Today, many would like to deploy robots everywhere: in the streets, as cars, wheelchairs, and other mobility devices; in our homes, to cook, clean, and entertain us; on the body, to replace a lost limb or to augment its capabilities. For these robots to become reality, they need to depart from their ancestors in one dramatic way: They must escape from the comfortable, secluded, and largely predictable industrial world. In the past decades, robotics has made leaps forward in the design of increasingly complex robotic platforms to meet these challenges. In this endeavor, it has benefited from advances in optimization for solving high-dimensional constrained problems. These methods are powerful for planning in slow-paced tasks and when the environment is known. Advances in machine learning to analyze vast amounts of data often have offered powerful solutions for real-time control, but they often fall short of providing explicit guarantees on the learned model. The alternative is to develop machine learning methods that retain theoretical guarantees traditional from control theory.
A key issue faced by robotics today is to endow robots with the necessary reactivity to adapt their path at time-critical situations. Online reactivity is not just a matter of ensuring that there is a good-enough central processing unit on board the robot. It requires inherently robust control laws that can provide multiple solutions. Methods that combine machine learning and control theory do not necessitate large datasets and allow robots to learn control laws from only a handful of examples, while generalizing to the entire state space.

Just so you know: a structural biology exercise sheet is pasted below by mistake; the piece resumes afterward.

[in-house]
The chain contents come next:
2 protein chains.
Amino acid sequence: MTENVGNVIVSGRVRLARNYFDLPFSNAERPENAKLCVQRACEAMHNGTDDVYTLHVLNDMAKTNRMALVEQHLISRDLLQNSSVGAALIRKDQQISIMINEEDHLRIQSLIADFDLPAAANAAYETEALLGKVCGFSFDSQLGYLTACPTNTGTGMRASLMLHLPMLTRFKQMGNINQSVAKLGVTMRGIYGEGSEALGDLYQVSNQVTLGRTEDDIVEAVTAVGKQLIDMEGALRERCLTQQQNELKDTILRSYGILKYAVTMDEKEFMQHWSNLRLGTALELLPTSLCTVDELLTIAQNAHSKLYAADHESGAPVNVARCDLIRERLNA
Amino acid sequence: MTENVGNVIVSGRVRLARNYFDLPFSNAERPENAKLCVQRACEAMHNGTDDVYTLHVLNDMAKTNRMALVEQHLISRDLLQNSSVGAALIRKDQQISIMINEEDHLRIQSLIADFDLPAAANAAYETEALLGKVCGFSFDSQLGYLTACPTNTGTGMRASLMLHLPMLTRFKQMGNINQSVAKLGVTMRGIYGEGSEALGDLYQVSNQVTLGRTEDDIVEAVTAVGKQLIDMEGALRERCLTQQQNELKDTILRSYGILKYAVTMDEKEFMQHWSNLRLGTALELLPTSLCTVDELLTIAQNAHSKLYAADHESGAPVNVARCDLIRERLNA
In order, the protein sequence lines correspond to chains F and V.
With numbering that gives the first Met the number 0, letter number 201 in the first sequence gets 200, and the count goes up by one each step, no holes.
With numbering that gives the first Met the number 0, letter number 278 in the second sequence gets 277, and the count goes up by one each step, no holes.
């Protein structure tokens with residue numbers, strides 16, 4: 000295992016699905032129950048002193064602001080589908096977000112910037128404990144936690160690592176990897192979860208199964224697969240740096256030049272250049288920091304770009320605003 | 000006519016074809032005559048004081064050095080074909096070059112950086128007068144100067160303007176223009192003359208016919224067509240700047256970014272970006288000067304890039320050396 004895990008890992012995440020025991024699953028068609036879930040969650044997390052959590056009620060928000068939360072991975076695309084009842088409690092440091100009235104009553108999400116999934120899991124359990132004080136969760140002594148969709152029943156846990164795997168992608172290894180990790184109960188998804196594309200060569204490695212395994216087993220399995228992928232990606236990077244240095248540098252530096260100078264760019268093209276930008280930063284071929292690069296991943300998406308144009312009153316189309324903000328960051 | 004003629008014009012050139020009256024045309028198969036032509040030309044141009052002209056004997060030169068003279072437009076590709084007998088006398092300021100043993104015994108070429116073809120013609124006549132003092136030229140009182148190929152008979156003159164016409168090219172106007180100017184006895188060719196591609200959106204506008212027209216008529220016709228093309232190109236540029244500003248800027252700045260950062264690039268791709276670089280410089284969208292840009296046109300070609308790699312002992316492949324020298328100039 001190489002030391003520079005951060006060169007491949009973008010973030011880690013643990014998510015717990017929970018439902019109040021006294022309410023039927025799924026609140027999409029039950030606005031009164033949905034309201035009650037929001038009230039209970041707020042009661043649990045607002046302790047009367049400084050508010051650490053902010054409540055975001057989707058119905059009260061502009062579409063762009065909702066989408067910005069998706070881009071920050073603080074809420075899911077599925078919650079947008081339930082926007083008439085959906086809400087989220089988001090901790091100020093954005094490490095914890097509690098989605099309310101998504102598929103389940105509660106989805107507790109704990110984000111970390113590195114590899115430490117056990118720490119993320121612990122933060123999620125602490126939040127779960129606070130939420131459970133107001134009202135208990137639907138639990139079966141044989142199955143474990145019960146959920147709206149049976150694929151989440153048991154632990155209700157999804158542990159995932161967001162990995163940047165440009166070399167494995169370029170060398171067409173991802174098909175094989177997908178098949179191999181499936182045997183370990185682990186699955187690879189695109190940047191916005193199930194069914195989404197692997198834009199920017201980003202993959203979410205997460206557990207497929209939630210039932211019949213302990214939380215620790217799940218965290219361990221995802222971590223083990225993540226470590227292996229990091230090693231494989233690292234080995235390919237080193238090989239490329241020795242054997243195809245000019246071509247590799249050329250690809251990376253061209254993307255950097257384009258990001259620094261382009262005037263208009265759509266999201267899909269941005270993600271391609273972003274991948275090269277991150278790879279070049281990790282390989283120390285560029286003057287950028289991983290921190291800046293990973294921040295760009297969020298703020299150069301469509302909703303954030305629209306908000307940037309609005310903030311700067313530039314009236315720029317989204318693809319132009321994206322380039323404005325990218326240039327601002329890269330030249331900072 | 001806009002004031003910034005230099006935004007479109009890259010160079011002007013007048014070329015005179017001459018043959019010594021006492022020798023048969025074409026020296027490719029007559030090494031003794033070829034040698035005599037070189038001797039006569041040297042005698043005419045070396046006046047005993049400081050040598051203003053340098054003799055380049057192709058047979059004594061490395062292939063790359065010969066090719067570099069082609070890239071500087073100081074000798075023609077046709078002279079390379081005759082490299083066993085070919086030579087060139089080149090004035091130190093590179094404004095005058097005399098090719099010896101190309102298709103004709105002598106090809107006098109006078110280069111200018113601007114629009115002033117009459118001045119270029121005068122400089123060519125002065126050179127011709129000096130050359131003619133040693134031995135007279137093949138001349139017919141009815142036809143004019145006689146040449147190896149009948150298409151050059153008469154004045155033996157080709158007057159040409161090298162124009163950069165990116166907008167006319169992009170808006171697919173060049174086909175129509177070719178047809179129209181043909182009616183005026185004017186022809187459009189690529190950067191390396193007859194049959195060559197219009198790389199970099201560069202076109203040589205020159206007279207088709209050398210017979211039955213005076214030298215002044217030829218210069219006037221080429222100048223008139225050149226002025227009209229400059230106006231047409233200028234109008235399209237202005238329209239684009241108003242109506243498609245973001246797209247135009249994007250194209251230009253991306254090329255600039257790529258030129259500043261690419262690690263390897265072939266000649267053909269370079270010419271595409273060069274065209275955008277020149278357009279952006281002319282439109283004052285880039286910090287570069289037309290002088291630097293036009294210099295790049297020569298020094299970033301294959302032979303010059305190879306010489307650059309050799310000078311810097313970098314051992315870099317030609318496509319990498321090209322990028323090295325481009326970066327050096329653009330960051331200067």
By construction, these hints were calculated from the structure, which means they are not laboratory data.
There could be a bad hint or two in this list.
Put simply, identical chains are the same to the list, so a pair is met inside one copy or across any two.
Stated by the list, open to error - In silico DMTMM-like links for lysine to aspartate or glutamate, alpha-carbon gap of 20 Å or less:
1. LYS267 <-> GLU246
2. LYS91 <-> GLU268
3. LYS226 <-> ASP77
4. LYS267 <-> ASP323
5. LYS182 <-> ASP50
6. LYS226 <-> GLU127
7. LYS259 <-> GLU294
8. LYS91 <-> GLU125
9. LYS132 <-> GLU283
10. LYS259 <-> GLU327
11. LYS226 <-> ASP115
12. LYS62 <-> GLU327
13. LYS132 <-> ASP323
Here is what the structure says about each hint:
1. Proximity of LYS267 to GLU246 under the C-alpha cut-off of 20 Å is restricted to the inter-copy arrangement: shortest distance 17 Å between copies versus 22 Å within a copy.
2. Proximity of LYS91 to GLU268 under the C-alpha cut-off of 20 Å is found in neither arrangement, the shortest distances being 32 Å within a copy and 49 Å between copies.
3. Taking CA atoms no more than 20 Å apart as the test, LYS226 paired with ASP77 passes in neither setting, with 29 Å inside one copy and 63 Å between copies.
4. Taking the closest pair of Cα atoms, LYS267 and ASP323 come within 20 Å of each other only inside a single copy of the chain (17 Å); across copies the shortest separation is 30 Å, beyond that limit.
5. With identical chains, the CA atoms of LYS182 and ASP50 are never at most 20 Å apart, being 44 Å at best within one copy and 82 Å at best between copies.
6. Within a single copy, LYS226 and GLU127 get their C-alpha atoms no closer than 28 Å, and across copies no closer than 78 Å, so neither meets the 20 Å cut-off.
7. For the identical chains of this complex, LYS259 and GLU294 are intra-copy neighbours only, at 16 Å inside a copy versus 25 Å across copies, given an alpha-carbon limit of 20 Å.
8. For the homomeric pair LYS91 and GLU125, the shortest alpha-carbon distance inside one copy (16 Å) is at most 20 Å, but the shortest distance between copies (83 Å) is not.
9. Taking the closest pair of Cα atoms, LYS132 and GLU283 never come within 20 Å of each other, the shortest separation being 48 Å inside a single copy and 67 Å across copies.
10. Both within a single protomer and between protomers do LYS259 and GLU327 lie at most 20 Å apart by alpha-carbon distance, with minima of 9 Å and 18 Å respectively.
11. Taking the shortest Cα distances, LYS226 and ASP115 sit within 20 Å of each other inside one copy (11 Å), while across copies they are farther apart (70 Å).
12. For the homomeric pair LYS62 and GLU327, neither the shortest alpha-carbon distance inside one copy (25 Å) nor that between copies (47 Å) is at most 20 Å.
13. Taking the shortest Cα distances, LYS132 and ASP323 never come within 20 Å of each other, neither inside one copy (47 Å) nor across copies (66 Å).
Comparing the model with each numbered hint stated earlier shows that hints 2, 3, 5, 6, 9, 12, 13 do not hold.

Marc Carrel-Billiard is a Senior Managing Director at Accenture. He is the Global Lead of Accenture Technology Innovation. In his role Marc leads:
Each practice of Technology Innovation is a critical component of Accenture Innovation architecture, which helps our clients driving continuous innovation at scale in their organizations.
Marc has been with Accenture for more than 25 years and has worked across all the five industry groups we serve. Before taking on the leadership of Technology Innovation, Marc was the global lead for our Emerging Technology practice. He has held several global leadership roles within Accenture’s technology group, and he has worked across several cutting-edge areas of IT including voice recognition, knowledge-based systems, neural networks, and quantum computing.
Marc is one of a select group of Accenture certified Master Technology Architects. He is also a certified a Solution Architect and Select Quality Assurance director.
Marc has broad software engineering and delivery experience, particularly in areas such as component and object-oriented technologies. Before joining Accenture in 1998, Marc was part of IBM Global Services where he published several Marc holds a MS of Computer Sciences from Institut d’Informatique d’Enterprises / CNAM - France (Minor: Mathematics)
Marc was born and grew up in Savigny s/Orge, France. Marc is married with three grownup kids. After living in various world places (USA, Netherlands, …) Marc now lives in the South of France with his wife.